6:06 PM  
Blogger John McElwee said...

Richard M. Roberts considers THE BELLS and Lionel Barrymore:


Nice piece on THE BELLS, it was indeed available in both 8mm and 16mm prints from Entertainment Films and Griggs Moviedrome (I have an excellent Griggs 16mm reduced from a lovely 35mm nitrate), but it was never shown on Paul Killiam's THE SILENT YEARS but was, in fact run on the earlier NET show THE TOY THAT GREW UP. I remember that broadcast well, and the organ score for it that had jingling bells tolling on it whenever they appeared,it became a wanted print to add to my collection immediately after the telecast, though it took me a few years after to pick one up.

Yes, 1926 was not Lionel Barrymore's most stellar career year, two state's righters and a turn in an All-Star comedy for Hal Roach (where he might have run into Boris Karloff again doing his bit part in THE NICKELHOPPER with Mabel Normand around the same time), but it was a short-term lull, he returned to the majors almost immediately and soon became permanent resident at MGM for the rest of his life, Barrymore's always kept working, no matter how bad the substance abuse or health issues were, and they always gave good value and work whatever their condition.


8:26 PM  
Blogger Beowulf said...

Sounds like this film is not dissimilar from the silent THE BLACK CAT.

I've been coming to this site for years now, and it seems to me that this guy knows his stuff.

10:41 AM  
Blogger Filmfanman said...

I've found Charles Dickens to be as good a lens as any through which to contemplate the theater of the 19th Century; for "an overview of the theatrical life of Mr Charles Dickens, his Theatrical Friends and his Theatrical Characters" see:

5:05 PM  
Blogger John McElwee said...

Dan Mercer on Bram Stoker and Henry Irving:

This is a fascinating glimpse of Henry Irving and the Victorian theater, as the best year of Greenbriar Picture Shows has apparently only preceded a still better year.

In “Something in the Blood: The Untold Story of Bram Stoker, the Man Who Wrote Dracula,” David J. Skall suggests that Stoker obtained his inspiration for Dracula from his association with Henry Irving. Stoker was the manager of Irving’s Lyceum Theater and intensely devoted to him, but less so than Irving was devoted to himself. Irving was a self-absorbed and profoundly manipulative man who enjoyed cultivating rivalries. In staying in his favor, Stoker had to constantly stroke and court his employer. A reserved man, Stoker internalized the fear and animosity Irving inspired in him, thus finding a basis for his fictional counterpart. The description of Dracula—the long, gaunt face, high-bridged nose, thin lips, thick eyebrows, and hair thinning at the temples, is the same description he used for Irving in his journals and other writing.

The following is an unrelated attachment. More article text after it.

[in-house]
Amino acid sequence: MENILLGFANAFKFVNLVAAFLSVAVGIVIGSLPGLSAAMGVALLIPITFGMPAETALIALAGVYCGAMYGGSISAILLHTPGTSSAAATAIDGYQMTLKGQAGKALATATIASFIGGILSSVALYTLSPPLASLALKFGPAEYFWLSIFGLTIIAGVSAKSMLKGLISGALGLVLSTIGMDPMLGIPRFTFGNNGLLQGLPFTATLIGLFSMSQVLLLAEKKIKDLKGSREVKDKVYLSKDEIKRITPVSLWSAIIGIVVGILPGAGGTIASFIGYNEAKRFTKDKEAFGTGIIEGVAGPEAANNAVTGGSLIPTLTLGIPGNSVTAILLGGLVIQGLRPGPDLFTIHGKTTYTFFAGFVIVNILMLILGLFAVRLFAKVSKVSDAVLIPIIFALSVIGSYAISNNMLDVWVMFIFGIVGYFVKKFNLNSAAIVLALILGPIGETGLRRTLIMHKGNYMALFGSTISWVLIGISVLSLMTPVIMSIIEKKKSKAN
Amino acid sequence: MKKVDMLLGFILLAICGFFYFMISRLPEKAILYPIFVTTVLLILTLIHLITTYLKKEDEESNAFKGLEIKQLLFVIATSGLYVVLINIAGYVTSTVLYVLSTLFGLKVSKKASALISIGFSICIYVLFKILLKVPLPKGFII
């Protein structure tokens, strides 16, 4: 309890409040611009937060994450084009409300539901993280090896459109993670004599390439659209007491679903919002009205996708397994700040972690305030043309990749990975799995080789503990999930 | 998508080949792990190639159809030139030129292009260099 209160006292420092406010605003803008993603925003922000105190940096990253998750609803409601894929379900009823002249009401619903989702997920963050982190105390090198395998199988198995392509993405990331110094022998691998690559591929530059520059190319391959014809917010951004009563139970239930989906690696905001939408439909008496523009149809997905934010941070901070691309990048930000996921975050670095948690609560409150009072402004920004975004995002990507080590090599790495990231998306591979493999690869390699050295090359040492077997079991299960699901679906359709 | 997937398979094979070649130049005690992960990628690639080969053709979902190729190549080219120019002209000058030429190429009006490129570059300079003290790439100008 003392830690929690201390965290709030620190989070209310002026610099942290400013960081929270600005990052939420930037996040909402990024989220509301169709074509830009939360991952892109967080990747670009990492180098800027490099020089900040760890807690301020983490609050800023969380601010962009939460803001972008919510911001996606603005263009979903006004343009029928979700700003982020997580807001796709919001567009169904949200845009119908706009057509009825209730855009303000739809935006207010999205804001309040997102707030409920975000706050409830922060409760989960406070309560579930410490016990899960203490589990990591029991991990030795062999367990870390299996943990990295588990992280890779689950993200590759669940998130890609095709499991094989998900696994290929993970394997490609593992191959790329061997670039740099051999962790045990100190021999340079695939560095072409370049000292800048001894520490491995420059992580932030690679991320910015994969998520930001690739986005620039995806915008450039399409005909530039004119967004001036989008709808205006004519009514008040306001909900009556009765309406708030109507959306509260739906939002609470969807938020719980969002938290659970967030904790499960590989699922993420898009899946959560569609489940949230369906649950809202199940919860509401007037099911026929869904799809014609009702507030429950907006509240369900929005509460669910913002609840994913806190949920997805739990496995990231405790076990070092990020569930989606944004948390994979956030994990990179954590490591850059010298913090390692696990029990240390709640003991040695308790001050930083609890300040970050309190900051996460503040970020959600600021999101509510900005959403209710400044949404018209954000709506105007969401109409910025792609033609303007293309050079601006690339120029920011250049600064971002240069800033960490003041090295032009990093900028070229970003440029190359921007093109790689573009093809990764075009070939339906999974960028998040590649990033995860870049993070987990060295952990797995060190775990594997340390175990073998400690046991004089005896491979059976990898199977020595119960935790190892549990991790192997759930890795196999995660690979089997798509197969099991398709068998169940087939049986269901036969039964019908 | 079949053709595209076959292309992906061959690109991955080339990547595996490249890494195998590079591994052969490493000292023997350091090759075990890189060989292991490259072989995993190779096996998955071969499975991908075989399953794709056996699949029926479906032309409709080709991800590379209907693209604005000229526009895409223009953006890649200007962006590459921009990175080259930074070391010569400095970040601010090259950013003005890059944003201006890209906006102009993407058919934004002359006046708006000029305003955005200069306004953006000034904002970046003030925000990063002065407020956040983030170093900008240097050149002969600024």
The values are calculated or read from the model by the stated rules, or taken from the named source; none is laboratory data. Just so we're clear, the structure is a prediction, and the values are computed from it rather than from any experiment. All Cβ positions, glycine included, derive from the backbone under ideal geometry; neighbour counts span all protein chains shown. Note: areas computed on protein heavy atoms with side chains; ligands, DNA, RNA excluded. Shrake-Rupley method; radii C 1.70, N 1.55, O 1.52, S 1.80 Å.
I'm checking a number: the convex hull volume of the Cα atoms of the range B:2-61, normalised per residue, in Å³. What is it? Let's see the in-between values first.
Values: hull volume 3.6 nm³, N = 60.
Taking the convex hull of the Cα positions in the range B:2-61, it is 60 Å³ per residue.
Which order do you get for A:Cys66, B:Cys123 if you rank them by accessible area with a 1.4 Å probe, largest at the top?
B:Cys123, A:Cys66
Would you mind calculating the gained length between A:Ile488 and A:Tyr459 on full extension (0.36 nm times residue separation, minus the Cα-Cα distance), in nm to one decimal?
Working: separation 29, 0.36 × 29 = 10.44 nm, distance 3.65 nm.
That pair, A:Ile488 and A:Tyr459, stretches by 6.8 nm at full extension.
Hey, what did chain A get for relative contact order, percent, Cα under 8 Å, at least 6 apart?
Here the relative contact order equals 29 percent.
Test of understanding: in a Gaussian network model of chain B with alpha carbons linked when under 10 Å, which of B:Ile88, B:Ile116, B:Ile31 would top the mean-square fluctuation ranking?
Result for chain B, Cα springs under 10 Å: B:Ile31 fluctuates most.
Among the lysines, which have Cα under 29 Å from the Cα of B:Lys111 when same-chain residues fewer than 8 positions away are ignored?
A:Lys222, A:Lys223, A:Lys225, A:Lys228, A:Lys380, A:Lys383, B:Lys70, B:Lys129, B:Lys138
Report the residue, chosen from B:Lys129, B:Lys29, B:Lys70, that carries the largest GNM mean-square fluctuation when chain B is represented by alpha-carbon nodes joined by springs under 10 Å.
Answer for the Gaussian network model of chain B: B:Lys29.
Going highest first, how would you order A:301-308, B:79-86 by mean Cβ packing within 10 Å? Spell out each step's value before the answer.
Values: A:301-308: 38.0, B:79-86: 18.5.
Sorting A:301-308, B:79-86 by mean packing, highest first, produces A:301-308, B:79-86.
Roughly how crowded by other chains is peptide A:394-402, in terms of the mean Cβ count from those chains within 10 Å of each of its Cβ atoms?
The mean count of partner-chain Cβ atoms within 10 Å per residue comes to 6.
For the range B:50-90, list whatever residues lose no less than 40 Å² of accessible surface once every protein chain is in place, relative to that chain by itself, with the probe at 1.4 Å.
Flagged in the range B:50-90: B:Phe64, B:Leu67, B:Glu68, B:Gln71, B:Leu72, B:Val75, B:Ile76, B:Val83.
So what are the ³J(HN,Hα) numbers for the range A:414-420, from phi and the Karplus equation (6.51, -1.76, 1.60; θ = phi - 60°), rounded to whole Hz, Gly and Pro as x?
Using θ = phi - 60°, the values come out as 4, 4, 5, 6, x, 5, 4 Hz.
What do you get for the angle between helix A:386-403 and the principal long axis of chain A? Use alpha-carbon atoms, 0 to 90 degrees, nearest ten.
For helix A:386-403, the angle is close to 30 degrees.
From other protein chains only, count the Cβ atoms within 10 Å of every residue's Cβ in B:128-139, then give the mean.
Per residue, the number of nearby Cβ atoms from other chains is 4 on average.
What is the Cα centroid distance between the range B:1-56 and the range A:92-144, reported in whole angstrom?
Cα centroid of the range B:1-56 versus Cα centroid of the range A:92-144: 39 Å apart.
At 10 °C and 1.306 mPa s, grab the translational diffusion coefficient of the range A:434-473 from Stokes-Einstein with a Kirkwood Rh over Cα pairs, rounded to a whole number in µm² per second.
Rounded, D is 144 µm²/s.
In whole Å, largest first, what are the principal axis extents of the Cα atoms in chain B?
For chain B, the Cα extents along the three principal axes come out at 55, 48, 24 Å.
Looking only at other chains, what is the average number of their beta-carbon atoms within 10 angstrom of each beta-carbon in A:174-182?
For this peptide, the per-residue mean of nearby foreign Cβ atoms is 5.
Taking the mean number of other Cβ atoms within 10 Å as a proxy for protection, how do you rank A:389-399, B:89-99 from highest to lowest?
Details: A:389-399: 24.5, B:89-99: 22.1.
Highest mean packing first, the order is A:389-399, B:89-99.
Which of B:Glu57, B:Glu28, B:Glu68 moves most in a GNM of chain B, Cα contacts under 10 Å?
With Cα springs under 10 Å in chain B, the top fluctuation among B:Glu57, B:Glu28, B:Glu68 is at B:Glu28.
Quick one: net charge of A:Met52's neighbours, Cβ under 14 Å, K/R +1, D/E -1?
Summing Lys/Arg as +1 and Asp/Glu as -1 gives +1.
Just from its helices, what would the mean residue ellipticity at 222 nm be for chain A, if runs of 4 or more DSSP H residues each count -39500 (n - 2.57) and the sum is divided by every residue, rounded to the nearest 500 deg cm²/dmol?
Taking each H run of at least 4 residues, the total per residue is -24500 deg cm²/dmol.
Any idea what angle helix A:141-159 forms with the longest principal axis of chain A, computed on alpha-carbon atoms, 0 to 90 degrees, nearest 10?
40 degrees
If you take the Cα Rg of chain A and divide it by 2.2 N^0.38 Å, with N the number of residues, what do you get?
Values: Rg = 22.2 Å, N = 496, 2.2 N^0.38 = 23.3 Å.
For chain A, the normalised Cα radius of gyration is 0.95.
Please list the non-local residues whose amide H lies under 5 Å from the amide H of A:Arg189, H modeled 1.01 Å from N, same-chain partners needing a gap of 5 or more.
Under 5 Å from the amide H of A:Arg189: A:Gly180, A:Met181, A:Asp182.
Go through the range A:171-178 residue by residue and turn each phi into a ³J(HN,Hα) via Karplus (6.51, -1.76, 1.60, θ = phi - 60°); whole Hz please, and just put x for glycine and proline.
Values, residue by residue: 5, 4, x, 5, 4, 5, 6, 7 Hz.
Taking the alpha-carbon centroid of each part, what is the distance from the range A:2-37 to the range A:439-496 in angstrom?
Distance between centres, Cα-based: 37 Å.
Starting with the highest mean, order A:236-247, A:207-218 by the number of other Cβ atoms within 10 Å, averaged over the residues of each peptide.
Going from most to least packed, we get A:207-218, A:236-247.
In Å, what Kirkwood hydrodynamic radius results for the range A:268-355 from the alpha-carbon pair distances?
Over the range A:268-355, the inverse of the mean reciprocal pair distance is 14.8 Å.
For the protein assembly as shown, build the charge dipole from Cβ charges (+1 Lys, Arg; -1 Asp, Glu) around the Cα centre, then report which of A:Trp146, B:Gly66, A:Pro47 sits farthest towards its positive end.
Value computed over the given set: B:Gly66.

Irving revived “The Bells” late in his career after suffering a serious knee injury and then pleurisy and pneumonia while on an American tour. If you wonder why he would submit to such a physically taxing role when his health was compromised, it was because he needed the money. Despite Stoker's competent care of Irving's finances, he was sidelined for a new favorite, Irving’s dramatist son, Laurence Irving. The “Peter the Great” of the younger Irving and his translations of Sardou’s “Robespierre” and “Dante” provided his father with suitably dominant roles, but they were hideously expensive to mount and failed to find an audience. As such, they drained the elder Irving's finances as surely as a vampire would the blood of his victim.

Interestingly, a stage adaptation of “Dracula” would have been perfect for Irving and made for a popular and lucrative entertainment. The stage craft used in “The Bells” would have resulted in a thrilling and atmospheric production. Stoker himself hoped that Irving would consider doing this. A week before the book was published, however, a live reading of it was held at the Lyceum to protect its copyright as a play. Afterwards, Stoker asked Irving what he thought of it. Irving dismissed it with one word, “Dreadful.” Possibly he found the resemblance of the title character to himself less than flattering.

11:49 AM  
Blogger Tommy G. said...

Irving's emotional intelligence wasn't on par with his talent as a thespian. He left Stoker nothing in his will.

4:09 PM  
Blogger Tbone Mankini said...

Richard.....thanks for the reminder of THE TOY THAT GREW UP....saw it often on the Detroit area PBS affiliate, but had to watch it alone,as none of my contemporaries had ANY curiosity about silents and I had no elderly relatives near to share it with....certainly recall ELLA CINDERS and IIRC,LADY WINDEMERES FAN amongst the few I saw, before it disappeared from the schedule.... like to keep Eversons CLASSICS OF THE SILENT SCREEN handy while watching....

11:45 AM